The judge in the Wilkinson Case largely upheld this view, however she went a little further concluding that whilst separate meters, council tax and postal addresses had little impact, it was necessary that each dwelling could control their own heating and hot water settings.

Key requirements – cooking facilities

Of notable interest in the Wilkinson Case is also the test to adjudge the standard of kitchen facilities required for a single dwelling to be self-sufficient.  The judge noted that the standard could vary depending on the location of the property with town and city centre properties requiring less than more remote properties but the judge in the Wilkinson Case thought that suggesting that a walk-in wardrobe with nothing more than a plug was stretching the suitability of the annexe as a single dwelling, “if not beyond, to its reasonable limits.   Accordingly, the lack of a surface for food preparation and plumbing for a sink to be attached to a fresh water supply, was in the Wilkinson Case, a key reason for the claim for MDR in that case to be denied.

New HMRC powers

There seems to have developed, over the last few years, a “have a go” attitude, with many purchasers encouraged to file MDR claims that wouldn’t pass muster if assessed by the Tax Tribunal.  Some purchasers may think that this aggressive policy has served them well and their claim must have been justified. A lot of the SDLT reclaim companies submit little more than a short letter requesting an amendment to the original SDLT return on the basis of a missed claim for relief and HMRC, understaffed as they are, have a tendency to operate on a pay now check later basis. The initial repayment appears to be a success for the taxpayer but as we have seen in the tribunal cases HMRC will later check that the reclaim was indeed valid and in doing so have found how far reclaim companies are pushing the “reasonable limits” of when parts of a dwelling can be considered separate dwellings in their own right.

However, many MDR claims and reclaims are just  slipping through the net, on account of the volume of claims HMRC receive and their general power of enquiry being time limited to the 9 months following the filing date of the SDLT return.

This, however, is all set to change, with new powers being given to HMRC with effect from the date of Royal Assent of the current Finance Bill.  These new powers will enable HMRC to issue information requests (known as Schedule 36 Notices) to check that no “clawback event” have occurred. In doing so, HMRC will also be able to “discover” instances where the relief was not validly claimed or reclaimed in the first instance.

For MDR, there is a three-year clawback period, in which the relief can be withdrawn if any of the qualifying conditions fail to be met.  The practical effect of the new powers is that HMRC will be more able to use their discovery powers which allow them four years (six if they think the taxpayer’s filing position was careless) from the effective date of the transaction.  Whilst HMRC’s new powers mean that they will only be able to start issuing notices after the date of Royal Assent, there is no bar in them looking back into transactions which completed in the last three years.

Penalties for failed MDR claims

With HMRC ramping up their powers to attack MDR claims, it is not inconceivable that they will also start considering whether they can impose additional penalties on taxpayers for being careless or even deliberately misleading HMRC in the submission of their SDLT returns. Reliance on an agent is no defence.  In fact it is important for property lawyers submitting returns to HMRC on their clients’ behalf, to be aware that penalties can also be imposed on them as ‘agents’ if HMRC can substantiate careless behaviour. Blind reliance by a lawyer whose client has relied on the advice of another “specialist” who has not adequately “stressed tested” the basis of a claim for MDR against the decisions of the tribunals could end up coming back to haunt them.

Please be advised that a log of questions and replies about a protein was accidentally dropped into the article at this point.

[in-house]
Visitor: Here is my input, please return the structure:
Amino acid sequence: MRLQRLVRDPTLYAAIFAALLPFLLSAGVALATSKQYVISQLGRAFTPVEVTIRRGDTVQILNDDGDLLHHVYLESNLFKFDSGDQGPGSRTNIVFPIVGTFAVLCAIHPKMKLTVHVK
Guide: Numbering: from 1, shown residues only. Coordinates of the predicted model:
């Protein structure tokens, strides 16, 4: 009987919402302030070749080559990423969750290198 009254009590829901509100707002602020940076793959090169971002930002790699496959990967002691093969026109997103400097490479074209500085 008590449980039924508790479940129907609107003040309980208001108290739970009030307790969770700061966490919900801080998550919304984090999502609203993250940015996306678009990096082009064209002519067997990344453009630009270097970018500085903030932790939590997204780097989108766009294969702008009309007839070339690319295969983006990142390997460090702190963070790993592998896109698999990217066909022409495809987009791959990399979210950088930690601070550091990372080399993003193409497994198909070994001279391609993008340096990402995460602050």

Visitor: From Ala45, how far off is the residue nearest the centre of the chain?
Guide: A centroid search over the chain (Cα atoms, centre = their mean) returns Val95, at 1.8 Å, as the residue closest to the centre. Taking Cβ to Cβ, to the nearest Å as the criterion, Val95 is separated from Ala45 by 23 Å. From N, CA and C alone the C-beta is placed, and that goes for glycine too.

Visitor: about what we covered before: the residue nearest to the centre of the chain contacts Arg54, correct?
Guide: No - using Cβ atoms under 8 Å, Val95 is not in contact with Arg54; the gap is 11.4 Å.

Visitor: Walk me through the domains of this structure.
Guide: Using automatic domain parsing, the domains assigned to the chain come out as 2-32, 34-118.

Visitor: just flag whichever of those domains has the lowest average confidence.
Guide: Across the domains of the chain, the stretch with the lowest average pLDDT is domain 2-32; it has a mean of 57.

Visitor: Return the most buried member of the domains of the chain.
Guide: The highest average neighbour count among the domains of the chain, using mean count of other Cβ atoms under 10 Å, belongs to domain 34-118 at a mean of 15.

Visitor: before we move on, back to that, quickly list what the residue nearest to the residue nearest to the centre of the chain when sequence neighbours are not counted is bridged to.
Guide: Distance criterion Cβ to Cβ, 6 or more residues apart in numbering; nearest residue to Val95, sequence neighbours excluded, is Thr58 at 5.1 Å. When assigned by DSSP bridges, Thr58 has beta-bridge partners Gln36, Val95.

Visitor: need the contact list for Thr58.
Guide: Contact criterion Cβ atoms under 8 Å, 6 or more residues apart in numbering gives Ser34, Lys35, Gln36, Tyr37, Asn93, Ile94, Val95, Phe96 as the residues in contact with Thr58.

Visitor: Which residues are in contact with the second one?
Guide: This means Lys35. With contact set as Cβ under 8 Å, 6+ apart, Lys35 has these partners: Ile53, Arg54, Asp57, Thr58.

Professional Negligence Claims

In another worrying development, reclaim companies are positioning themselves to start encouraging their clients to sue their property lawyers for these missed MDR claims. When HMRC initially pay a reclaim, it appears that that the property lawyer incorrectly advised their clients as to their SDLT liabilities.   However property lawyers should hold their resolve in such instances, for the following reasons:

  • just because HMRC have made an initial repayment to the client, does not mean that the claim will necessarily be justified or would succeed if tested properly; and
  • reclaim companies charge significant fees based on a percentage of the amount reclaimed. If this is being suggested as a basis of loss for the client, by using a reclaim company they have denied the opportunity for the property lawyer to rectify the situation either at no cost or a much lower cost to themselves.

Property Lawyer Takeaways

  • MDR claims are complex and highly fact specific to each case. All recent Tribunal decisions have gone in HMRC’s favour, against SDLT refund companies.
  • HMRC have new powers to look into and discover MDR claims which may have not been validly submitted.
  • The penalties to clients of failed claims can be very costly, as can attempting to pursue advisers’ “no win – no fee” promises when a claim is later denied.
  • You should not facilitate clients to make MDR claims or reclaims without a full and proper stress test of the facts of each case.
  • You should not advise on SDLT unless you are a qualified tax lawyer or tax professional and you should be comfortable that if you refer your client to external advisers that the advice received withstands scrutiny against relevant case law decisions.
  • You should recommend clients take objective tax law advice on the merits of any possible SDLT claim for MDR or otherwise, before they proceed.

For more information or to book an SDLT training session for your firm contact [email protected]

Sources

[1] The effective date of a transaction is usually completion, however that date can be triggered earlier if the contract to purchase the relevant dwelling is “substantially performed”.  Substantial performance can occur where after exchange of contracts, the purchaser either pays a substantial amount of the consideration payable under the contract or occupies the relevant property whether under a lease or licence or otherwise.  A substantial amount of the consideration is confirmed by HMRC as meaning at least 90% of the purchase price being paid.